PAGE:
At Affinity Dental, we keep on top of the newest treatments available so that we can better cater to you and help you to have a more enjoyable experience with your Catonsville dentist. To learn more about dental techniques and how we implement them at Affinity Dental, give us a call at 410-719-7900, visit our website, or stop in to make an appointment!

Our doctors and staff are dedicated to improving your dental health!

You can also follow us on Facebook and Twitter!

Source: LA Times


How Can Oral Health Affect Overall Health?

Friday, June 20th, 2014

oral health for overall health“Brush at least twice per day and floss once per day. Make sure you’re taking good care of your teeth and gums for better oral health!” How many times have you heard that from you parents or dentist? Probably quite a few. It is true that brushing and flossing is good for your oral heath, but did you know that it’s important for your overall health, too? Good oral health can help prevent certain types of diseases and disorders and also make for a brighter smile. Think about it: just about everything that you put in your body goes through your mouth. Food, germs, drinks, and more. Though the mouth acts as a pretty good filter for many things, it is also the gateway to lots of problems.

Did you know that the plaque that causes heart attacks and strokes is the same plaque that causes cavities in your teeth? These plaques are caused by sugars and fats – think carbs. Bacteria can also cause infection, which can spread to other parts of your body if you’re not careful. Taking care of your mouth is an important first step to taking care of the rest of your body. Check out some of the things that good oral health helps to prevent.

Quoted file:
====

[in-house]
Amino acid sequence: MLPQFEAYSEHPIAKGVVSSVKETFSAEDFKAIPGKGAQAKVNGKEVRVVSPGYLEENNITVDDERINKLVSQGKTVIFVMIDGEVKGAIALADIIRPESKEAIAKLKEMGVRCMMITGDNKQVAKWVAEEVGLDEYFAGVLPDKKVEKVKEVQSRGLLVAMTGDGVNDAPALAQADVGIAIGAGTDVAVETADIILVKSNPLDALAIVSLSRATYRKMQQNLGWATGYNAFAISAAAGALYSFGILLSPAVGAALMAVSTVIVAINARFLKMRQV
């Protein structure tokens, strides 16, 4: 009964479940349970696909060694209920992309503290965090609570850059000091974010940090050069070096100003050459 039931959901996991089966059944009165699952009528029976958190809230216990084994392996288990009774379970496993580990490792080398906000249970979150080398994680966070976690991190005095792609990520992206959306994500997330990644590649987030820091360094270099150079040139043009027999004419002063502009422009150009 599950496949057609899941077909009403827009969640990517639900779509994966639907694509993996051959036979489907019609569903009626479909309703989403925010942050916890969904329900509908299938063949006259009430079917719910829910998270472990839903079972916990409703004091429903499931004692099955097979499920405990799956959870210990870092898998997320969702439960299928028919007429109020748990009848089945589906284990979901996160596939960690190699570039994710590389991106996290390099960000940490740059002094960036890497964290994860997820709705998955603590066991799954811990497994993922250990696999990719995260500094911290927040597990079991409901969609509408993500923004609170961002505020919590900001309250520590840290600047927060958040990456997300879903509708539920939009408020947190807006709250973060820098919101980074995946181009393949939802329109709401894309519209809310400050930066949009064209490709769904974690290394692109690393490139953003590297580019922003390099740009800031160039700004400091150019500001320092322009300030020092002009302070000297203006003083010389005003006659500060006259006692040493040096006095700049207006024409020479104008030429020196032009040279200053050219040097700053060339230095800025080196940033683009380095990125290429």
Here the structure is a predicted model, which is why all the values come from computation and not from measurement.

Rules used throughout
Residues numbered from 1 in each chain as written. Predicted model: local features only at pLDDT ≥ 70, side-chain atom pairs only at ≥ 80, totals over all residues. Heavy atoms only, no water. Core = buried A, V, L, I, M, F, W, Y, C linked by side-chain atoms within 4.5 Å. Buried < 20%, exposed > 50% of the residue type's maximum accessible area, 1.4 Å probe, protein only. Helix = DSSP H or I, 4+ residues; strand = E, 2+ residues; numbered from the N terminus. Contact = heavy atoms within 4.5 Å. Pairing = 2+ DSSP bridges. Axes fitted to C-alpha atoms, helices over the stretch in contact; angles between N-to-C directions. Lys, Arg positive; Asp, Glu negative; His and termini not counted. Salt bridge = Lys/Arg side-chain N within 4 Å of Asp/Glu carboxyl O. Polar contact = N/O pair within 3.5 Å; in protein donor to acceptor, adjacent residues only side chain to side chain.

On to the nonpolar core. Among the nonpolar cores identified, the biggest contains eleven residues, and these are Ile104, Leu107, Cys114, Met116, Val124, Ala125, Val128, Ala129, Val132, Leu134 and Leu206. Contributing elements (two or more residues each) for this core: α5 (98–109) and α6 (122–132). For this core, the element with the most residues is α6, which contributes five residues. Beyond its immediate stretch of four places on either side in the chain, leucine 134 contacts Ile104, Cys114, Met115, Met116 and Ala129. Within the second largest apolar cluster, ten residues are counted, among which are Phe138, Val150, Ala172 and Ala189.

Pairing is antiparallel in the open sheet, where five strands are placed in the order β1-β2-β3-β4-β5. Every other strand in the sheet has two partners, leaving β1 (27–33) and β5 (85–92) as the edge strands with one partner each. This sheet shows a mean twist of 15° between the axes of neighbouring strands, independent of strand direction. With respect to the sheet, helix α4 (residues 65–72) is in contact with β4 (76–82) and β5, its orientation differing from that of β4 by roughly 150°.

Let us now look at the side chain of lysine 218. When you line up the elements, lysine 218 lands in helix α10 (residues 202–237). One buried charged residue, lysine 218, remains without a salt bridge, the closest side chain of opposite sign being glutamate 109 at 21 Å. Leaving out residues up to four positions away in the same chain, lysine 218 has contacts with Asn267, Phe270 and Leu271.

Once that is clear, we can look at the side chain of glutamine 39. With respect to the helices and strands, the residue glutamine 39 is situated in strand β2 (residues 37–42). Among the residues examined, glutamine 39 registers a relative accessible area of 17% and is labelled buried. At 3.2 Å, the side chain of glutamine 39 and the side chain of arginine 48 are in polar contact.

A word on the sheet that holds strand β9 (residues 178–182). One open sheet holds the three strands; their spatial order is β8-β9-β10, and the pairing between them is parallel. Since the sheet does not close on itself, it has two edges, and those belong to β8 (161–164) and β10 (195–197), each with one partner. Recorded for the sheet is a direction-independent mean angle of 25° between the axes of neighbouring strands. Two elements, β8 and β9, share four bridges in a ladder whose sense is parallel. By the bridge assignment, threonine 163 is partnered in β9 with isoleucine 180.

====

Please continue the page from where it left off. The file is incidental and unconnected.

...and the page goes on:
• Heart disease – Not only is plaque a problem in heart disease and mouth problems, but there seems to be even more of a link there. Approximately 91% of patients that have heart disease also have gum disease. This link doesn’t seem coincidental simply because of the high instance of gum disease in heart disease patients. Though the reason isn’t specifically known, there is a chance that poor oral hygiene and gum disease could be a catalyst for heart disease.